|Review by WayneC||posted 1796 days ago||6052 views||1 time favorited||39 comments|
Originally posted in my blog.
I have been looking for a sharpener for a while and came close to coughing up $250 for the Jet clone of the Tormak when the woodworking show was in town last month. I had also seen the Work Sharp on the web. Dan Like had seen one in action and given it his endorsement. There is a video of it on thier web site if your interested in seeing it in action. Wood Magazine has a review of it as well as a video of it in action. On the worksharp web site there is a tutorial document that describes the machine in detail. It is worth the read if your considering buying a unit.
Two weeks ago when I was on my way home from the bay area I stopped in a Rockler store that is along the way an they had a demo model on the shelf. They did not have any in stock. This week I went to the bay area again. I dropped into Rockler and checked to see if they had any in stock. Unfortunately they did not have any, but said that they were expecting some. I put my name on the list (They have been selling lots of them) and dropped back in the next day on my way home.
They did have one for me and I purchased it along with a leather hone and a tool guide used for lathe and carving tools.
The unit and all of its parts were very well packaged. The package contained the following items:
- The Sharpening Machine
- Users Guild
- Assorted Abrasive Disks
- 2 Tempered Glass Wheels
- Slotted Wheel
- Tool Guide
- Crepe Stick
The machine itself is very solid and well made. It has a 1/5 hp motor and rotates at 580 RPM.
The abrasives are adhesive backed. You mount them on each side of the glass plates. This gives you 4 different grits (120, 400, 1000, and 3600) that you can use to hone your tools. They sell a 6000 grit abrasive as an add-on. I will probably purchase some next time I pass by Rockler and try it out. The next part was probably the most difficult part of the entire operation. Getting my finger nail under the plastic backing and it was not really that difficult. You clean the plates with alcohol and then you mount the abrasives on the glass. Basically you bend them into a U shape and match up the center hole.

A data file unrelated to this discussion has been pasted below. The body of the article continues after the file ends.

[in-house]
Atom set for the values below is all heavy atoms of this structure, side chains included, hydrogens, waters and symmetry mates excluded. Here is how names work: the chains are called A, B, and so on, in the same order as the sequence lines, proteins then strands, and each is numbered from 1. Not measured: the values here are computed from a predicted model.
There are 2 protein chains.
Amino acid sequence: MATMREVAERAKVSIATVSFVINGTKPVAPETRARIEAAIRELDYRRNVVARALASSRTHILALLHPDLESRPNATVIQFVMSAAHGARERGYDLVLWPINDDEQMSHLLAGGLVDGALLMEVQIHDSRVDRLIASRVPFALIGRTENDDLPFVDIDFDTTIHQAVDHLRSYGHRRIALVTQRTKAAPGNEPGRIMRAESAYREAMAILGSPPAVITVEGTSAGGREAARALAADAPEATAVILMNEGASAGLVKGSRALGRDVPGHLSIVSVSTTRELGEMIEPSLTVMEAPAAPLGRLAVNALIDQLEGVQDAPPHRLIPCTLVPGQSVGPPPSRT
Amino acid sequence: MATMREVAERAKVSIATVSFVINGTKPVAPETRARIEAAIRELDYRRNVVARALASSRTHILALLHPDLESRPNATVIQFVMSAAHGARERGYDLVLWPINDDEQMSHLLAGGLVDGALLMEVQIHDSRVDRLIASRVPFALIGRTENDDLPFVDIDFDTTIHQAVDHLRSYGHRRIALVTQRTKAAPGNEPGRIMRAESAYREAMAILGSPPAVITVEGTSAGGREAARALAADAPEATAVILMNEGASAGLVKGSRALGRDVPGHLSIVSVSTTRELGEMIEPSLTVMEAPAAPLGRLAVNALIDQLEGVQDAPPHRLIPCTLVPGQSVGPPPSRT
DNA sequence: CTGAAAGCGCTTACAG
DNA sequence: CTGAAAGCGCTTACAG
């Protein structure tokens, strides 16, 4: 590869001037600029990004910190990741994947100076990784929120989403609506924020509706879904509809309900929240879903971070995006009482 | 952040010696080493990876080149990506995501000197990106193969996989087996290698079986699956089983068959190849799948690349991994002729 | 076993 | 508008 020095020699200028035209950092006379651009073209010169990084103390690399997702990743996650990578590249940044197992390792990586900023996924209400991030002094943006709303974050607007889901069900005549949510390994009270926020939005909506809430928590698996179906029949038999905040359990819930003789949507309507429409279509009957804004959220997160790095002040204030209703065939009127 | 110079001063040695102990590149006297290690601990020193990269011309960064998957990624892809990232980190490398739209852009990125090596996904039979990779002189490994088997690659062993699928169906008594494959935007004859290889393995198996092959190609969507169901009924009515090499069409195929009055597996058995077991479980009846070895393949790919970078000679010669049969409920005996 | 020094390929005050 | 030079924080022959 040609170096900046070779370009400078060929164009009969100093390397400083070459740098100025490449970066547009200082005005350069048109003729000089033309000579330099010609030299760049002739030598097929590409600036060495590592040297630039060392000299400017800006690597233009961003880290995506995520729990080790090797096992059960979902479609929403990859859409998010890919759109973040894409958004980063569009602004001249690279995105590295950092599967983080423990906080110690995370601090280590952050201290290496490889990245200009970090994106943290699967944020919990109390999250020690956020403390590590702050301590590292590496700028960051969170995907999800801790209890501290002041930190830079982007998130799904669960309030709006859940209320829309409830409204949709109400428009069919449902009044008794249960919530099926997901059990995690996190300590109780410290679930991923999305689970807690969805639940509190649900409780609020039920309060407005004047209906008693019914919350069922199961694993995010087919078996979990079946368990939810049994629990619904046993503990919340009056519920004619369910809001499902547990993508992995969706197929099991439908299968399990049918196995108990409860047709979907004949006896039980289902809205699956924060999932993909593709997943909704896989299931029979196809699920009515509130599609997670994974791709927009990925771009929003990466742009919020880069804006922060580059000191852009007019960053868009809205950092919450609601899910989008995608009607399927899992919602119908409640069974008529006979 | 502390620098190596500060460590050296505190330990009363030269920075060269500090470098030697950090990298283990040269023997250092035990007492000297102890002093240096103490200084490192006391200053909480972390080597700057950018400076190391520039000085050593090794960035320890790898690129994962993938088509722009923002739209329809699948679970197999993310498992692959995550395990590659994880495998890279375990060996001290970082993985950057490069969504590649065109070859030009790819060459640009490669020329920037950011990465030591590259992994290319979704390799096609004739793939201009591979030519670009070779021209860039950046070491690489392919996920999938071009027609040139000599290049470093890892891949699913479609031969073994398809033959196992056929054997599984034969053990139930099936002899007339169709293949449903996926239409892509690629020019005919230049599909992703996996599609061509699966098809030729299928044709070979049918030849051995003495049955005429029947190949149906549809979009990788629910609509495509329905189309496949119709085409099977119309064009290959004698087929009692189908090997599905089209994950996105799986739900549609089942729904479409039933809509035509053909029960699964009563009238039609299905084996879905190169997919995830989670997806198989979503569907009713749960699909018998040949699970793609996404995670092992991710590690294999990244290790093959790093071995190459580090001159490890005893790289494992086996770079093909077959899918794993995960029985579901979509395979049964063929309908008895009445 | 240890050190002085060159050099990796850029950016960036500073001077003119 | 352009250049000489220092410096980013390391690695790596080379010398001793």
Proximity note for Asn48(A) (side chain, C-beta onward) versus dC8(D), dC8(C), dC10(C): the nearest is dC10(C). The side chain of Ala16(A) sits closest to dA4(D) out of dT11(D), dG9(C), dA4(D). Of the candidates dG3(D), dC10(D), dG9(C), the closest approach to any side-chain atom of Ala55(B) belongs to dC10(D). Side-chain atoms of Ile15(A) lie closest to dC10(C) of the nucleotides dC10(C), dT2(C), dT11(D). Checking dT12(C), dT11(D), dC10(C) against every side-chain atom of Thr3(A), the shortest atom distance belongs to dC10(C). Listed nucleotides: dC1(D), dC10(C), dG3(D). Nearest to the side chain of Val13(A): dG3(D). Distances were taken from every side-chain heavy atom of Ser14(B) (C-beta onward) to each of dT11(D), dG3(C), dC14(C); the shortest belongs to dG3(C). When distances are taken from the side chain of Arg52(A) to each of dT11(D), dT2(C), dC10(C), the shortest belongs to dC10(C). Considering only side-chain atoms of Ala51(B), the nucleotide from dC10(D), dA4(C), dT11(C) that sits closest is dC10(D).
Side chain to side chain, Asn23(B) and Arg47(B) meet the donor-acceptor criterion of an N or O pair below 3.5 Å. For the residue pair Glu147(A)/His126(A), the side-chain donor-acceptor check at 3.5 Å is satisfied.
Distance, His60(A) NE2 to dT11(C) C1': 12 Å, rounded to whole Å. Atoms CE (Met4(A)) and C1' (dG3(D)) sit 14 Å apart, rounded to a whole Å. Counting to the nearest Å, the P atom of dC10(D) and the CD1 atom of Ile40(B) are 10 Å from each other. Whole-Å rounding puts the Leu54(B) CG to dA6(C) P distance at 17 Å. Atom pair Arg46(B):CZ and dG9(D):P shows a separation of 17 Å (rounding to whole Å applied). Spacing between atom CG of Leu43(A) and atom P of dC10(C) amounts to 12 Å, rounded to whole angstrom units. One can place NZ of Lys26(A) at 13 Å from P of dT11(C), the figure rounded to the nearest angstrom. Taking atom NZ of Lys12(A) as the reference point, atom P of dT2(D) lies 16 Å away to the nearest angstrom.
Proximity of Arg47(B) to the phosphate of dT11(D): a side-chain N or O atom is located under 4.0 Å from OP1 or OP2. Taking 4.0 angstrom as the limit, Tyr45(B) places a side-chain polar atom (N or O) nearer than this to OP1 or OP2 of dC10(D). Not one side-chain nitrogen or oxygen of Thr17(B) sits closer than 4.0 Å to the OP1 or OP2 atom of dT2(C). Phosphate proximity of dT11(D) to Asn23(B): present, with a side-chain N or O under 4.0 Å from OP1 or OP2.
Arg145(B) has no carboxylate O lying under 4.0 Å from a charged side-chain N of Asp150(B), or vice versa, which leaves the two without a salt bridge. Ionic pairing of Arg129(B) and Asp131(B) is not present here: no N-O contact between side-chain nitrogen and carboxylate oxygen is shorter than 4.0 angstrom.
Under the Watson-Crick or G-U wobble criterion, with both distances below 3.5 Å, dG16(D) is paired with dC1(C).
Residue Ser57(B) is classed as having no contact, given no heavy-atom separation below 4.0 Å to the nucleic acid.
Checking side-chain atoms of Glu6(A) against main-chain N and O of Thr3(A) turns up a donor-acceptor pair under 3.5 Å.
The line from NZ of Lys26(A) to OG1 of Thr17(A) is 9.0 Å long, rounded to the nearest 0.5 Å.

It was easy to mount all of the abrasives. The only tough part was the 3600 grit plate. I got some bubbles and had to pierce them and roll them out with a dowel. To mount them in the machine they go on a center post with a hand tightened knob. Changeing wheels is a very quick process. You can get any of the grits installed in seconds. I like this feature quite a bit.
The machine is now ready for sharpening.
The first step in the process is to flatten the back of the blade. I started with an old Stanley plane blade and the course wheel. You flatten the back by placing the heel of the blade against the wheel and dropping the blade down onto the wheel. You sharpen a bit and then raise the blade off the wheel to manage the temperature. I immediately felt comfortable with the tool and did not have any trouble with the operation. I quickly moved through the grits and very quickly had the back flattened and polished to a mirror finish. I have been using water stones and this feature alone makes the machine worth owning. Also, when you are using the tool, you can feel the temperature of the blade. It is easy to tell if it is getting warm in any way.